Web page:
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Turning The Tables - PHP

Want to log script activity in your Web application, but haveno clue where to begin? Take our handy tour of PHP's logging functions,and find out how simple it really is.

TABLE OF CONTENTS:
  1. Logging With PHP
  2. The Bare Necessities
  3. Turning The Tables
  4. Turning Up The Heat
  5. Biting Into A PEAR
  6. Destination Unknown
  7. Artificial Intelligence
  8. Big Brother Is Watching
  9. Closing Time
By: icarus, (c) Melonfire
Rating: starstarstarstarstar / 53
November 27, 2002

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While the most common destination for log data is a text file, it's quite possible that you might want to send your log messages elsewhere as well. A frequently-used alternative to a text file, especially when the number of writes isn't too high, is an SQL database, where log messages are appended as records to the end of a table.

In order to illustrate this, consider the following example of an SQL table used to store log messages:

CREATE TABLE `log` ( `date` TIMESTAMP NOT NULL, `type` TINYINT NOT NULL, `msg` VARCHAR(255) NOT NULL );
And here's the rewritten logToDB() function, this time built around PHP's MySQL database functions and the table above:

function logToDB($msg, $type) { // open connection to database $connection = mysql_connect("localhost", "joe", "pass") or die ("Unable to connect!"); mysql_select_db("logdb") or die ("Unable to select database!"); // formulate and execute query $query = "INSERT INTO log (date, type, msg) VALUES(NOW(), '$type', '$msg')"; mysql_query($query) or die ("Error in query: $query. " . mysql_error()); // close connection mysql_close($connection); } $a = array("chocolate", "strawberry", "peach"); if (!in_array('fish', $a)) { logToDB("No fish available", 14); }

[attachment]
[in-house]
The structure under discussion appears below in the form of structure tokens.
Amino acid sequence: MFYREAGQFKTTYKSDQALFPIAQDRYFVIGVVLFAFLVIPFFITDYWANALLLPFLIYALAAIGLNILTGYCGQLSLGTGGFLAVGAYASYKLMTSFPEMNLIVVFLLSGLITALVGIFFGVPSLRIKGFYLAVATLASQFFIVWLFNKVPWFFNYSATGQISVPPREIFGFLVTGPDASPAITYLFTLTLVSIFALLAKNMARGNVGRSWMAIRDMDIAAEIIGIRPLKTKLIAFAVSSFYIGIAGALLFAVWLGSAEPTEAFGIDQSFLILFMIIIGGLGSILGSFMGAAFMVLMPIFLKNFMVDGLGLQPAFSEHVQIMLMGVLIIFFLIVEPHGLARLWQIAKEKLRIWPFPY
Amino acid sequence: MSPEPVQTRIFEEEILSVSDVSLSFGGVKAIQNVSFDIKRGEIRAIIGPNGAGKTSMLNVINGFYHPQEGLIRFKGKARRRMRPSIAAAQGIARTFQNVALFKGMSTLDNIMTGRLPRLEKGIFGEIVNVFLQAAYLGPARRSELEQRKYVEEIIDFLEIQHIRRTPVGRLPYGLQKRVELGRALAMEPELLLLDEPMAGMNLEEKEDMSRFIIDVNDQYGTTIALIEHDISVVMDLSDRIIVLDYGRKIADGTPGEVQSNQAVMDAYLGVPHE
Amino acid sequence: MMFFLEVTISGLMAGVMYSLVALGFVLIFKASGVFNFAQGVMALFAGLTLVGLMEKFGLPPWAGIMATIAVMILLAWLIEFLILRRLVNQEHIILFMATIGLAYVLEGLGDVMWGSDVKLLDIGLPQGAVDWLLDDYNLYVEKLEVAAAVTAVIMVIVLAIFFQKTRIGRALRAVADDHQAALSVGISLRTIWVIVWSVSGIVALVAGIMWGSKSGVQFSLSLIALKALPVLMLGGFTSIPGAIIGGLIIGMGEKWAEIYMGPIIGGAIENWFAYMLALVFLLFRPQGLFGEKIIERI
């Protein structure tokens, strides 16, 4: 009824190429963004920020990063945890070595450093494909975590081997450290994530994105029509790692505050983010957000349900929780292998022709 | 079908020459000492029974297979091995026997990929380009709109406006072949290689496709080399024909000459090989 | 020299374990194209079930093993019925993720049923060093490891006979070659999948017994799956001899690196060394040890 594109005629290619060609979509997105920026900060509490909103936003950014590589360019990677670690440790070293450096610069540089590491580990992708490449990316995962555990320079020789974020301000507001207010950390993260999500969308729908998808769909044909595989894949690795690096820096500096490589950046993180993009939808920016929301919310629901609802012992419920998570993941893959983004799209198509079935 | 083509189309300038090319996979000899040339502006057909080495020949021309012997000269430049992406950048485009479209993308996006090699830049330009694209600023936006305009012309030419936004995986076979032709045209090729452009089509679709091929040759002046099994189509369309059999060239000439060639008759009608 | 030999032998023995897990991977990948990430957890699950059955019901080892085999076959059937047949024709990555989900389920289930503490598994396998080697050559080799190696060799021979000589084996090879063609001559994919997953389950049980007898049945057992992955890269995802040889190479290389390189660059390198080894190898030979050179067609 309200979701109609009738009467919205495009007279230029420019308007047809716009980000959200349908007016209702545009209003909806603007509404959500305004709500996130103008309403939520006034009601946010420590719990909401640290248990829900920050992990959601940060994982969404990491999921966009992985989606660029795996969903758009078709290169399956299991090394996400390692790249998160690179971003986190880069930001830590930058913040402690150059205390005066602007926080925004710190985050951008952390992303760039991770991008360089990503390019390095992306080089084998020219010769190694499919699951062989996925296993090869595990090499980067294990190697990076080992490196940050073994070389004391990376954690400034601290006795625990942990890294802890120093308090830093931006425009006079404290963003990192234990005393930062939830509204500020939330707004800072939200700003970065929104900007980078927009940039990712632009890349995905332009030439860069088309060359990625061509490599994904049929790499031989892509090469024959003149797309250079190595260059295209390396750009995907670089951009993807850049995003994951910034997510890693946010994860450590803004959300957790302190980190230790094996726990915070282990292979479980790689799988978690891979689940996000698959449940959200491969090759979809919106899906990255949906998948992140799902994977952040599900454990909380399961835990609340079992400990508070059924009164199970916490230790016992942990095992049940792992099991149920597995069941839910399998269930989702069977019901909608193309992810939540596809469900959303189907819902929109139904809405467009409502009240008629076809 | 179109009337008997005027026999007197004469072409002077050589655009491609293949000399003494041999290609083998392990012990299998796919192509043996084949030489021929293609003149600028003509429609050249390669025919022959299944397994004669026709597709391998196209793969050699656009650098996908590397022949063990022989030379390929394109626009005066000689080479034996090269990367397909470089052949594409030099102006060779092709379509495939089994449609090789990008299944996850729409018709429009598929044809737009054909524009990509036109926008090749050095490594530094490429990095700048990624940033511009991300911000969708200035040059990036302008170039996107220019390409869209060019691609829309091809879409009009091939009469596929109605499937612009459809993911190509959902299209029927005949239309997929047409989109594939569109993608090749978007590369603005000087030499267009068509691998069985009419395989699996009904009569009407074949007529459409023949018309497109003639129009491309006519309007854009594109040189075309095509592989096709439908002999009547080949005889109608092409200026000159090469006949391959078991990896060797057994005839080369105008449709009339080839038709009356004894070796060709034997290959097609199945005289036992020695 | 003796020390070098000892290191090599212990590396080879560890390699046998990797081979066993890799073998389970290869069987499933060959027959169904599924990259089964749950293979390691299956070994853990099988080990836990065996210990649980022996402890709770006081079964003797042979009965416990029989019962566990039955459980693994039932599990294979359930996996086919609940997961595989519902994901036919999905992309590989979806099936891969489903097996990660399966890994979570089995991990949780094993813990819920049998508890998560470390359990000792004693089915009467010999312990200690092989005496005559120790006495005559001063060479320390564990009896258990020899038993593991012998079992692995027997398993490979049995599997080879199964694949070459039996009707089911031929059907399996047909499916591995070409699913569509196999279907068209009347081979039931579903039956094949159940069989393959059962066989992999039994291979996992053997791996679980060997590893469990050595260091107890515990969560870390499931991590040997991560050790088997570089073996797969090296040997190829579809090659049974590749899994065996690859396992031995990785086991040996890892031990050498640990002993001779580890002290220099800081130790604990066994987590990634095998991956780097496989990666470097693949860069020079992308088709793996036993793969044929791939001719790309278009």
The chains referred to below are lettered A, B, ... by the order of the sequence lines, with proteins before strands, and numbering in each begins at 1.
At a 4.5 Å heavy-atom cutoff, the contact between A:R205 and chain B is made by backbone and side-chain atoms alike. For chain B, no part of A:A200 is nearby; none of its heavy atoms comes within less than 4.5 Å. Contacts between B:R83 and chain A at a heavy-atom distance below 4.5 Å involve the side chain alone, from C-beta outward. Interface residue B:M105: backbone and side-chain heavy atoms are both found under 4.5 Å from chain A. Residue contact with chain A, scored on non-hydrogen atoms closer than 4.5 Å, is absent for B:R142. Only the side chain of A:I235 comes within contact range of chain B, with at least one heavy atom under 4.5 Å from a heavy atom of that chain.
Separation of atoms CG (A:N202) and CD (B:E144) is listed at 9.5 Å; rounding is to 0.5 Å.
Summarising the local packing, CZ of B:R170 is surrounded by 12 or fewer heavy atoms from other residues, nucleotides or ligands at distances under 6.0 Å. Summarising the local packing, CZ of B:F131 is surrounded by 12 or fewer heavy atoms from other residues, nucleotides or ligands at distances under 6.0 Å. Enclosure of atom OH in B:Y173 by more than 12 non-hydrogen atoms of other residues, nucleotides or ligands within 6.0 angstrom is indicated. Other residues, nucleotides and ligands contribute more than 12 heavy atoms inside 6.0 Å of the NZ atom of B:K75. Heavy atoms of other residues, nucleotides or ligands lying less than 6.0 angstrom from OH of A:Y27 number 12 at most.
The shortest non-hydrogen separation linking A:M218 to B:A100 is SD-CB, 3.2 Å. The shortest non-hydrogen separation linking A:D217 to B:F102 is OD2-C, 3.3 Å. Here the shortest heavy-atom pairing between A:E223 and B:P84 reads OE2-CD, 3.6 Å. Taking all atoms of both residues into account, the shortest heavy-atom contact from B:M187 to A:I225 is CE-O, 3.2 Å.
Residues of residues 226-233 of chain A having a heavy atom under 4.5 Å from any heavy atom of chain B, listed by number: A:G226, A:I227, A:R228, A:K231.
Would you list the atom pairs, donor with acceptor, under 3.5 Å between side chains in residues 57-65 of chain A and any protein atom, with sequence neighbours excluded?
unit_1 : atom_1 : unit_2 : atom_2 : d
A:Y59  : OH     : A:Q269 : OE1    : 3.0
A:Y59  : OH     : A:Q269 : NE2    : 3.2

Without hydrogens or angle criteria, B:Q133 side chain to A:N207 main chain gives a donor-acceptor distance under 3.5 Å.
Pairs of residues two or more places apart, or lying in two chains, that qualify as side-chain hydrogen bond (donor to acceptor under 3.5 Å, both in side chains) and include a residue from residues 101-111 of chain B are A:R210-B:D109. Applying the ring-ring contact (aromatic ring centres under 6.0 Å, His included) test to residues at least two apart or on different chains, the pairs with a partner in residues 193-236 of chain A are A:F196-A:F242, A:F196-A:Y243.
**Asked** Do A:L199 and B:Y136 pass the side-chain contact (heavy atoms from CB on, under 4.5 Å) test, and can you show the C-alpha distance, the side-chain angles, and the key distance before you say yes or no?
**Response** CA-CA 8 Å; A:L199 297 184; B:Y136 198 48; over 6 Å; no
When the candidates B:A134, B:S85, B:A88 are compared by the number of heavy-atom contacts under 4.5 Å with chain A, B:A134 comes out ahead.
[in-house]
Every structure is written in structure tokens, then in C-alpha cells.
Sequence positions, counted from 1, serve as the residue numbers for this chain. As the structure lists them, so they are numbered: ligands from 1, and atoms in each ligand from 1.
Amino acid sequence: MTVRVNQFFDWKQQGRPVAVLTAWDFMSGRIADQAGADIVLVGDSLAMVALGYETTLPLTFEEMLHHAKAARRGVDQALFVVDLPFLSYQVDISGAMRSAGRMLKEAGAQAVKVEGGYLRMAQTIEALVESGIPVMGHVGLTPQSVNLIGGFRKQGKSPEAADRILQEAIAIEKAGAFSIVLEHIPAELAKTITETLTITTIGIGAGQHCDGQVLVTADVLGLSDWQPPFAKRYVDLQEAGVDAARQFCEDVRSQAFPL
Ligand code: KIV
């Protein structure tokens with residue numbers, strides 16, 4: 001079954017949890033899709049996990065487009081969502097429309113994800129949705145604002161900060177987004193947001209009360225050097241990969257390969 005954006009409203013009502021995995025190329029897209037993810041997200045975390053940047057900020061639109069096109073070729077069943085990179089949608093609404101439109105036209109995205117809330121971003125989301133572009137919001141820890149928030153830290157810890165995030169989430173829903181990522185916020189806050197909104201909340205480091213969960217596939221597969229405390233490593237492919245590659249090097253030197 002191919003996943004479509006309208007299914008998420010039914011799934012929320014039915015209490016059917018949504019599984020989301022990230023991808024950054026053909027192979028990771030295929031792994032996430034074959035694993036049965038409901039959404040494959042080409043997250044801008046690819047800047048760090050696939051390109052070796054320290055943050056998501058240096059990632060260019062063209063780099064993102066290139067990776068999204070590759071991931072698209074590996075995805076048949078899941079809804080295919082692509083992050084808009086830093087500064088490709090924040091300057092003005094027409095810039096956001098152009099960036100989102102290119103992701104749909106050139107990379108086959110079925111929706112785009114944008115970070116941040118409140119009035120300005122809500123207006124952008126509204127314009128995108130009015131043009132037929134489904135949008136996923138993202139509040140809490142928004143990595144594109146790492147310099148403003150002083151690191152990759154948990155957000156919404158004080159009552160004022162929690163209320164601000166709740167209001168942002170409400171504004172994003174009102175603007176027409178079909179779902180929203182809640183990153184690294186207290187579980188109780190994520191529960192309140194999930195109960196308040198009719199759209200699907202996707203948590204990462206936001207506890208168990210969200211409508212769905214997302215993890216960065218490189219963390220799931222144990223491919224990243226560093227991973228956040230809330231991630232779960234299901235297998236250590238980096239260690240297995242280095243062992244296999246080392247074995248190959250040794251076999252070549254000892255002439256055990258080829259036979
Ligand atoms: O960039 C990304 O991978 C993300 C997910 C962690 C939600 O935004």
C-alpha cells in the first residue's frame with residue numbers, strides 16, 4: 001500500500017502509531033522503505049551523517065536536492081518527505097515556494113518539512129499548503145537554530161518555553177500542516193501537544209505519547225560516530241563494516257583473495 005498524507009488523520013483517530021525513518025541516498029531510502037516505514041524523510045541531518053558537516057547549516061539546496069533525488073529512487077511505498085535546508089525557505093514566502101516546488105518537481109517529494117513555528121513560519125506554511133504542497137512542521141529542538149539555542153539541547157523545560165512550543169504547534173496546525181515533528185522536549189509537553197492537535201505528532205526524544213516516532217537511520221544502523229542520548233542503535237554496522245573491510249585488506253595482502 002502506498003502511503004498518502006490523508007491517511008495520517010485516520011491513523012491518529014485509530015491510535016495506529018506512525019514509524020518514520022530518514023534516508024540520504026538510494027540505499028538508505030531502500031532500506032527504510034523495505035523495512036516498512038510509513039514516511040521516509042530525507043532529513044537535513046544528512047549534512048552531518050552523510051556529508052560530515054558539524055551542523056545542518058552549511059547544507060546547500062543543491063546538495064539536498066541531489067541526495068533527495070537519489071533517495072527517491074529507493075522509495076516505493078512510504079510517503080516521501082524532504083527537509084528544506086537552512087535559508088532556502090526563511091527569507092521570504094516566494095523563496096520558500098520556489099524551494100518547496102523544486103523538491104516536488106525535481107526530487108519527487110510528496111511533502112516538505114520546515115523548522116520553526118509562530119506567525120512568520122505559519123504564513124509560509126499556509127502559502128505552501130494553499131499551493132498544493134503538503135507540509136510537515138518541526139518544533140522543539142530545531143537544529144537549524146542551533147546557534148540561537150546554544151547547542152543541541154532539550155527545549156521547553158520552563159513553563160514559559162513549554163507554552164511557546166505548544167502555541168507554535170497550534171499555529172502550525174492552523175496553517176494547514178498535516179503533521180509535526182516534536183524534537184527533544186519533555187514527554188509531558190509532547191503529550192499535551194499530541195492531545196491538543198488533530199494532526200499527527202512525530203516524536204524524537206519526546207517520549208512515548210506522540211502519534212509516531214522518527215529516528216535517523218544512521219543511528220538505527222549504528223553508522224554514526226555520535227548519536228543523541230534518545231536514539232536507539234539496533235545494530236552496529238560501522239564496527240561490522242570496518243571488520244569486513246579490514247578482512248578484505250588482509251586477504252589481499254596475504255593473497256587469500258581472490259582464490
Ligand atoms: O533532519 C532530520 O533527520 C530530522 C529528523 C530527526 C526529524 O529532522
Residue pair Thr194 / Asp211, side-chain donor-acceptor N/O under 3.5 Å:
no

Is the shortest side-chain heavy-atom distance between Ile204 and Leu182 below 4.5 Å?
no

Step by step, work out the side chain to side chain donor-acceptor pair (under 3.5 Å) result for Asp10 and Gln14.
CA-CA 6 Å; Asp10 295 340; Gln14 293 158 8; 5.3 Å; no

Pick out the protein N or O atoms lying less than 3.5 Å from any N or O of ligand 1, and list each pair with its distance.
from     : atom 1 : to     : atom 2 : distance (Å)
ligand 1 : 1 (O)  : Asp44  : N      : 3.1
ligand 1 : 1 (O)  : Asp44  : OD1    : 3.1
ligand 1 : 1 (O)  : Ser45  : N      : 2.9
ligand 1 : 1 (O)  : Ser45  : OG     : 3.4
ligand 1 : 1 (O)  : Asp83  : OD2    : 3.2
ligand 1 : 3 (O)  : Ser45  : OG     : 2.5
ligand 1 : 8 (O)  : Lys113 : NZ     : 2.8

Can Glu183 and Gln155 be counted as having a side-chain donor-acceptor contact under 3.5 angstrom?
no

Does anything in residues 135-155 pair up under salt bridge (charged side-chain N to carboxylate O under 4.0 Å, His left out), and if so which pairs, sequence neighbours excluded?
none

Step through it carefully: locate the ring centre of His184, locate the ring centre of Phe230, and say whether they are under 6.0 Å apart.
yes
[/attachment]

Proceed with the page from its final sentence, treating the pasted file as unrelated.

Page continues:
If you don't estimate seeing a very large number of writes, using a database to store logs can offer significant advantages over a regular file, purely from the point of view of easier retrieval and sorting. Storing log messages in this manner makes it possible to easily retrieve ordered subsets of the log data, either by date or message type.

Another option might be to send log messages to a specified email address via PHP's mail() function - for example, alerting a sysop whenever a script encounters errors. Here's an example:

function logToMail($msg, $address) { // append date/time to message $str = "[" . date("Y/m/d h:i:s", mktime()) . "] " . $msg; mail($address, "Log message", $str); } $conn = @mysql_connect("localhost", "joe", "pass"); if (!$conn) { logToMail("Could not connect to database", "webmaster@my.domain.name.com"); }


 
 
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